Typological characteristics Phonology. The Austronesian languages overall possess phoneme inventories which are smaller than the world average. Around 90% of the Austronesian languages have inventories of 19-25 sounds (15-20 consonants and 4-5 vowels), thus lying at the lower end of the global typical range of 20-37 sounds.
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The Austronesian languages are a language family. They were originally spoken in Southeast Asia and on islands in the Pacific Ocean. List of Austronesian languages. Anus; Indonesian; Fijian; Hawaiian; Javanese; Malay; Māori; Tagalog; Tuvaluan
Sino-Austronesian or Sino-Tibetan-Austronesian is a proposed language family suggested by Laurent Sagart in 1990. Using reconstructions of Old Chinese, Sagart argued that the Austronesian languages are related to the Sinitic languages phonologically, lexically and morphologically.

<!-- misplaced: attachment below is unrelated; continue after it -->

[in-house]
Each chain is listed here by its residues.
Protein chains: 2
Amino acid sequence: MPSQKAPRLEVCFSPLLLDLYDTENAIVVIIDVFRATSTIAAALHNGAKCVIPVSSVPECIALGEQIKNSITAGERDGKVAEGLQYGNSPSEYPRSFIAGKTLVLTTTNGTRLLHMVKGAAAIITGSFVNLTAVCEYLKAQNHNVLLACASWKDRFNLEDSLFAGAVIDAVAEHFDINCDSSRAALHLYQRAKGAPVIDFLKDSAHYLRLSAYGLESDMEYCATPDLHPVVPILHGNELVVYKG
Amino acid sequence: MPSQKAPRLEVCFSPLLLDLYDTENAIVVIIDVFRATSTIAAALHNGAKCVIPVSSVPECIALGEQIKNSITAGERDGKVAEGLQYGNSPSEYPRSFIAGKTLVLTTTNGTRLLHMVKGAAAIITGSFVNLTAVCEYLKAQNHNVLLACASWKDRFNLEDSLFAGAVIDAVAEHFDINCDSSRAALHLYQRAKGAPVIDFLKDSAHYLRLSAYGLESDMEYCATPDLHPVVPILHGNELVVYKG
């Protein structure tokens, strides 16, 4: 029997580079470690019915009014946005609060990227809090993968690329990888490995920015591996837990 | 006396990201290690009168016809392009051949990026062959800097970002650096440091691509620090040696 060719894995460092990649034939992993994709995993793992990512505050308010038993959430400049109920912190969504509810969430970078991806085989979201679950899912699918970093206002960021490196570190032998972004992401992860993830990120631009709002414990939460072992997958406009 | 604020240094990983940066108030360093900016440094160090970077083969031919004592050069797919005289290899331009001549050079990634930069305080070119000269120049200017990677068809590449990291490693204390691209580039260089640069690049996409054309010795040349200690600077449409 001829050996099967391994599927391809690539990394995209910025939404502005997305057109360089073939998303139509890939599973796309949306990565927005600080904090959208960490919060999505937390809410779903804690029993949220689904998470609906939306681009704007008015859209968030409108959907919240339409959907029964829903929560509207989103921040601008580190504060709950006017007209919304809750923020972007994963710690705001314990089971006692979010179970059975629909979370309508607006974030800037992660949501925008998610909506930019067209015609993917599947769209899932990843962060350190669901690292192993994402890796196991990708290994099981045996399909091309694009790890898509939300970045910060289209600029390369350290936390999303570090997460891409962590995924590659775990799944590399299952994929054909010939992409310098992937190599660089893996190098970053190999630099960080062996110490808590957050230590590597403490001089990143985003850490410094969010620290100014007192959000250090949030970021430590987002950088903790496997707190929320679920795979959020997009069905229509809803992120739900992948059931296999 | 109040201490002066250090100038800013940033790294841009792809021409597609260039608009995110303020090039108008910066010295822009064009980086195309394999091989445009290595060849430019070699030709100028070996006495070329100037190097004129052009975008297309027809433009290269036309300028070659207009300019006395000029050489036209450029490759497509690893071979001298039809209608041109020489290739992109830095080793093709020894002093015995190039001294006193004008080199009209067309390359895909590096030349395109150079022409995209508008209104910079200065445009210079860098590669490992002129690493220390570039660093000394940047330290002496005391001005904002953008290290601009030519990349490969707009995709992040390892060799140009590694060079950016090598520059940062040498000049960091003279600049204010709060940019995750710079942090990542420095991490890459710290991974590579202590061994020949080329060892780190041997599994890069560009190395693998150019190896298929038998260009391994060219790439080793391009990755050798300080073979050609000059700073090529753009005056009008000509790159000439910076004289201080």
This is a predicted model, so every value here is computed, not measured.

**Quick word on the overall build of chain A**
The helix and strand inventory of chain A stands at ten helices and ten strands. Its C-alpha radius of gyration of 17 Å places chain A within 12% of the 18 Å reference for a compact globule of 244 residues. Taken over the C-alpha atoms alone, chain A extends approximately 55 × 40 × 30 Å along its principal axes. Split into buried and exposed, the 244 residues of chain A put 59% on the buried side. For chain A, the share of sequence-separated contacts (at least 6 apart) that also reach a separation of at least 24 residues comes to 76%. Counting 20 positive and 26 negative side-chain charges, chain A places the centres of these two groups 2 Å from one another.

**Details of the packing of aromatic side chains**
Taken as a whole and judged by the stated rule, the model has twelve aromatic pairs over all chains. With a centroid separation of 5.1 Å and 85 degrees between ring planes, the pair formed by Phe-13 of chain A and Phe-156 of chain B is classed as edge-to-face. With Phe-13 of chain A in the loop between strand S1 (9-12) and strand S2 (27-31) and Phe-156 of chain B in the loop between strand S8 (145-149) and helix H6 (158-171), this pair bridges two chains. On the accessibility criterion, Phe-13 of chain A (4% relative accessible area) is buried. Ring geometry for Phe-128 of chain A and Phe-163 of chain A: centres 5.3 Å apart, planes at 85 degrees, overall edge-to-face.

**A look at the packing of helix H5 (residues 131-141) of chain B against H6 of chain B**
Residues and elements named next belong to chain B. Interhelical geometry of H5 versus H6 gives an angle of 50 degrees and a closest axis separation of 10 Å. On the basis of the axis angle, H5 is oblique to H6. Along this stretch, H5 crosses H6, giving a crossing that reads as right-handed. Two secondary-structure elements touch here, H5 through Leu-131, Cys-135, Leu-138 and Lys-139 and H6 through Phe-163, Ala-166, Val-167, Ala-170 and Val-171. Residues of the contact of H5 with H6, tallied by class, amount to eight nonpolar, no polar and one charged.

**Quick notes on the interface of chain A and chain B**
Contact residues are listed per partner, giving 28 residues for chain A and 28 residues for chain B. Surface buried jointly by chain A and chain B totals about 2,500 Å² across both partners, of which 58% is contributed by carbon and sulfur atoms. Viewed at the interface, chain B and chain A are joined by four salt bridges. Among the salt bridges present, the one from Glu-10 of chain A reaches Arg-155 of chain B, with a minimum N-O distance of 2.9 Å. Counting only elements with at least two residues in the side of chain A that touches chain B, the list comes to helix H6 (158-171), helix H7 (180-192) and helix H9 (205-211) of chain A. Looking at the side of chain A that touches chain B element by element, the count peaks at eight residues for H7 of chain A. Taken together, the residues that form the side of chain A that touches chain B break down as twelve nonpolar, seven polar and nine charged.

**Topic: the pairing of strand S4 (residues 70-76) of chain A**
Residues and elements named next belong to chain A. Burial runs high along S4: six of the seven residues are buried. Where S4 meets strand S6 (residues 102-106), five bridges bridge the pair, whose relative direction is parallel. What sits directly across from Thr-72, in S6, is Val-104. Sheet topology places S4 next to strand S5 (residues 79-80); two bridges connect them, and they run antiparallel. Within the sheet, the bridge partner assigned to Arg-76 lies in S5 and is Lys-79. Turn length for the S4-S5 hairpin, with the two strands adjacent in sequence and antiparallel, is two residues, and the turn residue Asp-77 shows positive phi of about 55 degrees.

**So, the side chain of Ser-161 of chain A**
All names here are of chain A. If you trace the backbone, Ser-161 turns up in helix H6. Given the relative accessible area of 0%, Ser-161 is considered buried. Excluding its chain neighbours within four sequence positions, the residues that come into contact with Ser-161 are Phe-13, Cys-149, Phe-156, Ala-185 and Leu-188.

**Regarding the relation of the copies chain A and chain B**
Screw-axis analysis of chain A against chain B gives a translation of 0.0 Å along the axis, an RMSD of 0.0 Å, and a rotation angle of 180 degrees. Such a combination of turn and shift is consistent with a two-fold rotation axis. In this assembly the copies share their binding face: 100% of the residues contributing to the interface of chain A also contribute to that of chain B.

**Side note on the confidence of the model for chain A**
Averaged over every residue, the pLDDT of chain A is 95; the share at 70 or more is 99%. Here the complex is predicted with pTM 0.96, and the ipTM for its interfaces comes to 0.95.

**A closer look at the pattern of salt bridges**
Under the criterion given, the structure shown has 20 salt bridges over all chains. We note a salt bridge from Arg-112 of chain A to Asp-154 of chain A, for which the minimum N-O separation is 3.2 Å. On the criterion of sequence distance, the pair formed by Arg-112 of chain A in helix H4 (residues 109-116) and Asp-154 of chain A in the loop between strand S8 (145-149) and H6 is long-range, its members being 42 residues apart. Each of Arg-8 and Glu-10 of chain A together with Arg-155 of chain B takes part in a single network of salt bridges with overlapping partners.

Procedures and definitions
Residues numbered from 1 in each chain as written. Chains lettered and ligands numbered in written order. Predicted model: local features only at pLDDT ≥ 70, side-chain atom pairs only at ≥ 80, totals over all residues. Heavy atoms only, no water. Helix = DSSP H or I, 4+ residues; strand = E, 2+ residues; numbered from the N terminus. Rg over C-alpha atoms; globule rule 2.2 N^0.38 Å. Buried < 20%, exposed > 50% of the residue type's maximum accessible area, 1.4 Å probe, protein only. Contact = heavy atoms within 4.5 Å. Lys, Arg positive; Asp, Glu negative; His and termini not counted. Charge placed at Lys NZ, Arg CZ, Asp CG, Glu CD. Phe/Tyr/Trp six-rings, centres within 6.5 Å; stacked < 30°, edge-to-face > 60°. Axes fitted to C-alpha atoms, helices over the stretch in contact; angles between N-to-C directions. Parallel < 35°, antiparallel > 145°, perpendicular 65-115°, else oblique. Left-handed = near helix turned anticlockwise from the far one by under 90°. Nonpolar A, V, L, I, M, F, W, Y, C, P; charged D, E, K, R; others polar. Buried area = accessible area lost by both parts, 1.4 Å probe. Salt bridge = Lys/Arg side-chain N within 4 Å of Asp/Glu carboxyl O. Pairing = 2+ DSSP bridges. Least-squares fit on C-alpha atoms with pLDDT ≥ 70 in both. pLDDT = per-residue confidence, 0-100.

Pages in category "Austronesian languages" The following 15 pages are in this category, out of 15 total. This list may not reflect recent changes ( learn more ).
Wikimedia Commons has media related to Austronesian languages.: Pages in category "Austronesian languages" The following 25 pages are in this category, out of 25 total.
Bola, or Bakovi, is an Oceanic language of West New Britain in Papua New Guinea. The Harua (Xarua) dialect developed on a palm plantation. The Harua (Xarua) dialect developed on a palm plantation. Contents
Austronesian peoples is a term referring to people that live in Southeast Asia, Oceania and Madagascar, who are speakers of the Austronesian languages. They are thought to have originally come from the indigenous peoples of Taiwan .
Austronesian languages (Malayo-Polynesian) Family that includes Malay, Indonesian, Tagalog, Malagasy, and numerous other languages spoken in Indonesia, the Philippines, and the islands of the Pacific Ocean.
Major languages. Major Austronesian languages include Cebuano, Tagalog, Ilocano, Hiligaynon, Bicol, Waray-Waray, Kapampangan, and Pangasinan of the Philippines; Malay, Javanese, Sundanese, Madurese, Minangkabau, the Batak languages, Acehnese, Balinese, and Buginese of western Indonesia; and Malagasy of Madagascar. Each of these languages has more than one million speakers.